Facts from the Week - March 20, 2022
Highlights from Consumer and Housing - $MA $RRGB $TLYS $ZUMZ $GCO $FOSL $SCVL $RDFN $WSM $KIRK
US Census - Retail Sales Data
JP Morgan - Chase Spending Data
Mastercard - $MA
Opentable - Seated Diners
Red Robin - $RRGB
We currently expect to increase pricing in the mid-single digits during 2022, along with other operating initiatives underway, to mitigate cost inflation. We expect margin pressures to persist during 2022, but we expect our trajectory to improve through the year with increased staffing and dine-in sales, and reduced transitory costs. We expect to achieve 2019 restaurant-level operating profit margin in 2023.
Tilly’s - $TLYS
Through March 6, 2022, the Company's fiscal 2022 first quarter total comparable net sales, including both physical stores and e-commerce, increased by 10.4% compared to the comparable period of 2021 with an increase in net sales from physical stores of 14.0% and a decrease from e-commerce net sales of (1.3)%. Comparable net sales for fiscal February 2022 increased by a double-digit percentage, but have been negative through March 6.
During March 2021, our net sales accelerated significantly primarily as a result of considerable pent-up demand coming out of 2020's pandemic-related restrictions and significant federal stimulus payments injected into the economy, both of which were historic anomalies. As a result, the Company anticipates a further deceleration in its comparable net sales results as the first quarter of fiscal 2022 progresses compared to fiscal 2021, particularly as the Company begins to anniversary last year's peak performance in the latter half of the first quarter which was driven by the unique environment at that time.
Zumiez - $ZUMZ
Total first quarter-to-date sales for the 35 days ended March 5, 2022 decreased 1.9%, compared with the same 35 day time period in the prior year ended March 6, 2021.
Outlook: Given the positive impact of stimulus on net sales in the first quarter of fiscal 2021 and the current economic uncertainty, the Company anticipates that net sales for the first quarter of fiscal 2022 will be between $215 million and $221 million, down meaningfully to the prior year. With this reduction in sales the Company expects deleverage in the income statement related to both fixed costs as well as the re-introduction of expenses forgone in 2021 as a result of the COVID-19 pandemic such as store wages, training and travel.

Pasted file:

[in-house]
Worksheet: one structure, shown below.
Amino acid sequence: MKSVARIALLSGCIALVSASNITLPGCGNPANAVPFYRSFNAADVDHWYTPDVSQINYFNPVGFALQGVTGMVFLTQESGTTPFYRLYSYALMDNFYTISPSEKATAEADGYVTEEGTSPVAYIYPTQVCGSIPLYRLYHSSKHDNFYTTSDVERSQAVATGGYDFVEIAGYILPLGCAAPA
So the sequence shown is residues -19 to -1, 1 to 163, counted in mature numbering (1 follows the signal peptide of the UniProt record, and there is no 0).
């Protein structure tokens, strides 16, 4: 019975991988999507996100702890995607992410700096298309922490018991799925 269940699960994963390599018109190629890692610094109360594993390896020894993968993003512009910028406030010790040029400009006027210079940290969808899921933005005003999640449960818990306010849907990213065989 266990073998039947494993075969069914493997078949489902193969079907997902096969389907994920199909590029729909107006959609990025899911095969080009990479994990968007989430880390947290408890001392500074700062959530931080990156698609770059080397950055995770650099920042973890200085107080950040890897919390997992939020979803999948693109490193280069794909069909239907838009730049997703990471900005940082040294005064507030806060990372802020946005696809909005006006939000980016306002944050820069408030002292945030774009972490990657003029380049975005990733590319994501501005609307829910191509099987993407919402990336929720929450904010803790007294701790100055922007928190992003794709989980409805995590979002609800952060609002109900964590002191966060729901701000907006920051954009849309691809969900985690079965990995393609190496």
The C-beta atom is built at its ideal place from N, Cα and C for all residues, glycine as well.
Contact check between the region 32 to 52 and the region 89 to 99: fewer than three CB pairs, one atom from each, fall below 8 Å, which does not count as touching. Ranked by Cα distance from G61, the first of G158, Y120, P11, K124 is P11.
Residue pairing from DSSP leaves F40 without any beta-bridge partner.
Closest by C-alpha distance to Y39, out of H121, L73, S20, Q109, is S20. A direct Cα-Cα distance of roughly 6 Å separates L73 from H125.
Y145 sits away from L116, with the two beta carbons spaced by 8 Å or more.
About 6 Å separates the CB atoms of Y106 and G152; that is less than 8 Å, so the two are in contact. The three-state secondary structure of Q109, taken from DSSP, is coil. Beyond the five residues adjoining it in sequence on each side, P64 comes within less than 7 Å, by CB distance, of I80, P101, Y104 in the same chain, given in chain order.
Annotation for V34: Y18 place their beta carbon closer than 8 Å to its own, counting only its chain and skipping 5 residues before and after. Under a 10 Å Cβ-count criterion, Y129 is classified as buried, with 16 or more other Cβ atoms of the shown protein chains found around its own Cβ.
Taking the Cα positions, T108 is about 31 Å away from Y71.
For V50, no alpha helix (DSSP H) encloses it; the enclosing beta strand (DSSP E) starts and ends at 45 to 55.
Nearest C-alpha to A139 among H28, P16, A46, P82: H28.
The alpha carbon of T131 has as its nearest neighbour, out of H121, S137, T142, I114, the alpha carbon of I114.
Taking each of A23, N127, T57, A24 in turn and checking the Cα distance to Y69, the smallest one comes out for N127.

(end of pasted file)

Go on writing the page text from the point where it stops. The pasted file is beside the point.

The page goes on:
Genesco - $GCO
With respect to fiscal '23, sales have gotten off to a much stronger start versus last year, but a slower start versus pre-pandemic, driven largely by the lower inventory level and lagging tax refunds. We are expecting year-over-year trends to moderate as we anniversary stimulus and the lack of inventory further pressures growth early in the new year, especially in the first quarter. Looking further into fiscal '23, we're working hard to overcome the cost pressures that are prevalent today, and we don't anticipate the factors that led to such a strong full price selling environment to be sustained.
Fossil - $FOSL
on the supply chain front, we're not seeing major business impacts from the crisis in Ukraine at this time as our supply chain doesn't include routes through the impacted areas. That said, we are watching oil prices as freight operators can pass fuel surcharges along and there could be some freight expense, or pressure if the conflict continues and oil prices remain elevated.
Shoe Carnival - $SCVL
For the first 6 weeks of fiscal 2022, net sales continued to grow, driven by strength of customer traffic gains. The second half of Q1 and Q2 go up against large government stimulus funds in the prior year, which we are not anticipating being funded again this year. As such, we anticipate the first half of 2022 to generate net sales between flat and low single-digit increase. Once we lapse the major stimulus funding, we forecast mid- to high single-digit growth for the remainder of 2022.
US Census - Single Family housing starts
Redfin - $RDFN
The median home sale price rose 3.5% between January and February, the fastest month-over-month gain ever seen during the winter months. Prices were up 16% year over year to an all-time high of $389,500 in February as the number of homes for sale fell to another new low. The lack of inventory is holding back home sales, which fell 4% from January.
“An acute shortage of homes for sale continues to stymie buyers in the current market,” said Redfin chief economist Daryl Fairweather. “Rather than dropping out of the housing market, homebuyers only seem to be getting even more voracious, driving prices up at a startling clip. Typically, rising mortgage rates weaken demand for homes—we don’t see demand weakening yet, but we will be watching to see if buyers back off or remain steadfast amidst rising borrowing costs.”
William Sonoma - $WSM
Given the significant macro supply chain disruptions throughout the year and the ongoing strong customer demand, we are still below optimal levels. As a result, we expect to see elevated back order levels continue until the back half of 2022.
Kirkland’s - $KIRK
From a top line perspective, we expected better performance to start the quarter as we comped the negative impacts from weather last February and lower inventory levels, but the macro challenges affecting discretionary spending are currently impacting customer traffic. The margin declines are driven by higher freight costs with clearer visibility in the first half of the year [in] how much freight will exceed the prior year.
Odds and Ends
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